AOL Launches Publisher Side Of ONE Platform

For now, simplification means only one account rep and agreement instead of as many as six. Eventually: a single sign-on and integrated dashboard/product line.

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For AOL, One plus One equals One.

In April, the Verizon-owned company launched its ONE consolidated, programmatic platform for advertisers. Yesterday, AOL announced at the Internet Advertising Bureau’s Annual Leadership Meeting in California that it is now adding another ONE, called ONE by AOL: Publishers.

It’s all the same “umbrella brand for monetization” with a publisher side and an advertising side, AOL president of publisher platforms Tim Mahlman told me. The company claims that about 75,000 publishers employ its services.

While the announcement unveils a new brand with a portfolio of products, he acknowledged this is not an announcement about a fully integrated product.

The publisher components — a variety of distinct products/brands that AOL said cost about a billion dollars in acquisition or development over the last six years — are not yet one. Mahlman said that the technical unification of the products, starting with a single sign-on and eventually ending up in a single dashboard and fully integrated platform, will take AOL well into next year or beyond.

For now, a publisher dealing with the company can have a single account rep and one agreement, instead of different contacts and different contracts for each product.

The components that are being rolled up into this new ONE include:

  • AOL On video syndication and video library, including the Vidible video syndication platform (which Mahlman founded and which AOL bought in 2014) and the Be On content platform.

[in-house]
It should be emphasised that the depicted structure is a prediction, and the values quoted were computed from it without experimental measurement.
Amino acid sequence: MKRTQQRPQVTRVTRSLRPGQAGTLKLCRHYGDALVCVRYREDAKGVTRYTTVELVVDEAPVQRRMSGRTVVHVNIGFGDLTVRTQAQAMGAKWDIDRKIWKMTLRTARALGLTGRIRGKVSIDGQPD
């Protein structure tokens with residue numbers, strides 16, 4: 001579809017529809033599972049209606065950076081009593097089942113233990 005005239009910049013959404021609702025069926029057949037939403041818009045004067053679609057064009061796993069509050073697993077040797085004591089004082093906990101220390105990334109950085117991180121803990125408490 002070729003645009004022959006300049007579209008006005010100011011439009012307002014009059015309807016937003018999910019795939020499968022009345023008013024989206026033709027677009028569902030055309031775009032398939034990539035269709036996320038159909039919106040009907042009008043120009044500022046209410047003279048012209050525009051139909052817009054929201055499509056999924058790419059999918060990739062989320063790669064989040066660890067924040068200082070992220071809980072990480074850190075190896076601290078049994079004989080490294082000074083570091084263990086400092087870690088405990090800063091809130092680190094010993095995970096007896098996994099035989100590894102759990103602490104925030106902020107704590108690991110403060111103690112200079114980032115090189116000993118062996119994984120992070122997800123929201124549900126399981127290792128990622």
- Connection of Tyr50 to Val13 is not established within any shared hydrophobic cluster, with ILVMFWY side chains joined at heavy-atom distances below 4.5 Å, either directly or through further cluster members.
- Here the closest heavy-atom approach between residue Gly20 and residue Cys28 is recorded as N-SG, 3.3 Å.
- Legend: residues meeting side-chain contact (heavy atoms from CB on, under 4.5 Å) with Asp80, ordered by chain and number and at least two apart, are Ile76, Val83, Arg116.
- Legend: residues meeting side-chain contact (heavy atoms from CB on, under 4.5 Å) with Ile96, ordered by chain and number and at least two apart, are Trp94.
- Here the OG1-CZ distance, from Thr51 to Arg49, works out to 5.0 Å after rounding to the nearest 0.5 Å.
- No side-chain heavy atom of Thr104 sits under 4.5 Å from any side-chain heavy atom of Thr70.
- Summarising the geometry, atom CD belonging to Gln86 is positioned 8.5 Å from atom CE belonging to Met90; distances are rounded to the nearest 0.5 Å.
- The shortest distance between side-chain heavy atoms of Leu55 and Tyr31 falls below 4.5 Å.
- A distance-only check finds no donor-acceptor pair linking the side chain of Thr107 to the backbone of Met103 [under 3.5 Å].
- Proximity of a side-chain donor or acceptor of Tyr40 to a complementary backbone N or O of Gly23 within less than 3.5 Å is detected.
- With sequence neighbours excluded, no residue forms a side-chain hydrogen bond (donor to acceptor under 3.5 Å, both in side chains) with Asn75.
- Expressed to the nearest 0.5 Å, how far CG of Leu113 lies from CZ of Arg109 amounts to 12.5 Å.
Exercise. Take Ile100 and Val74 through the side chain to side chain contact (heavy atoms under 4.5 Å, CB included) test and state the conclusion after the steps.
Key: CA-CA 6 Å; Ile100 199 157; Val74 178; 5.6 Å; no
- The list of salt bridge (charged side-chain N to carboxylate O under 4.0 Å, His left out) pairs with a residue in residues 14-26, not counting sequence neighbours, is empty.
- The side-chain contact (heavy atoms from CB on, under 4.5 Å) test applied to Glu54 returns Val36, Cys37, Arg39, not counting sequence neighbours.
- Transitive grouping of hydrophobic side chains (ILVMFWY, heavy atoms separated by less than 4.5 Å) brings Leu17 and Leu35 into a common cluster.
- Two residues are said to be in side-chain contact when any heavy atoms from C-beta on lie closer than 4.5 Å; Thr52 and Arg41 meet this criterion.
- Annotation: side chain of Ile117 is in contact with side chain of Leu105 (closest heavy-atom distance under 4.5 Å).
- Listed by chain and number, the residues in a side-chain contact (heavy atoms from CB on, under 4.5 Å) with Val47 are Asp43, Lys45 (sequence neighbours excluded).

• The Marketplace display ad sell-side platform (built on the Adtech and acquisitions).
  • ONE by AOL: programmatic video ad platform, formerly
  • Millennial Media mobile ad platform.
  • Gravity personalization engine.
  • And, in announcing ONE by AOL: Publishers, the company also said it is buying the Paris-based AlephD, which provides publisher analytics and “dynamic price floor optimization.”

Earlier this month, AOL unveiled a strategic partnership where Taboola will provide content discovery for its properties.

Aside from potentially simplifying the overwhelming and overlapping audience targeting and ad tech capabilities that confront publishers, one question is whether this ONEness will make a bottom line difference to publishers.

Mahlman predicted that ONE for publishers will save “up to 15 percent in time out of the gate” and will initially mean at least a 15-percent bump in revenue because of the additional pricing efficiency afforded by AlephD’s real-time pricing analytics.

“This is the year of the publisher at AOL,” he pledged, where ONE will integrate with a wide range of publisher-related outside tech — as opposed to what he described as the “walled gardens” of Google and Facebook.

Opinions expressed in this article are those of the guest author and not necessarily MarTech. Staff authors are listed here.

About the author

Barry Levine
Barry Levine covers marketing technology for Third Door Media. Previously, he covered this space as a Senior Writer for VentureBeat, and he has written about these and other tech subjects for such publications as CMSWire and NewsFactor. He founded and led the web site/unit at PBS station Thirteen/WNET; worked as an online Senior Producer/writer for Viacom; created a successful interactive game, PLAY IT BY EAR: The First CD Game; founded and led an independent film showcase, CENTER SCREEN, based at Harvard and M.I.T.; and served over five years as a consultant to the M.I.T. Media Lab. You can find him at LinkedIn, and on Twitter at xBarryLevine.

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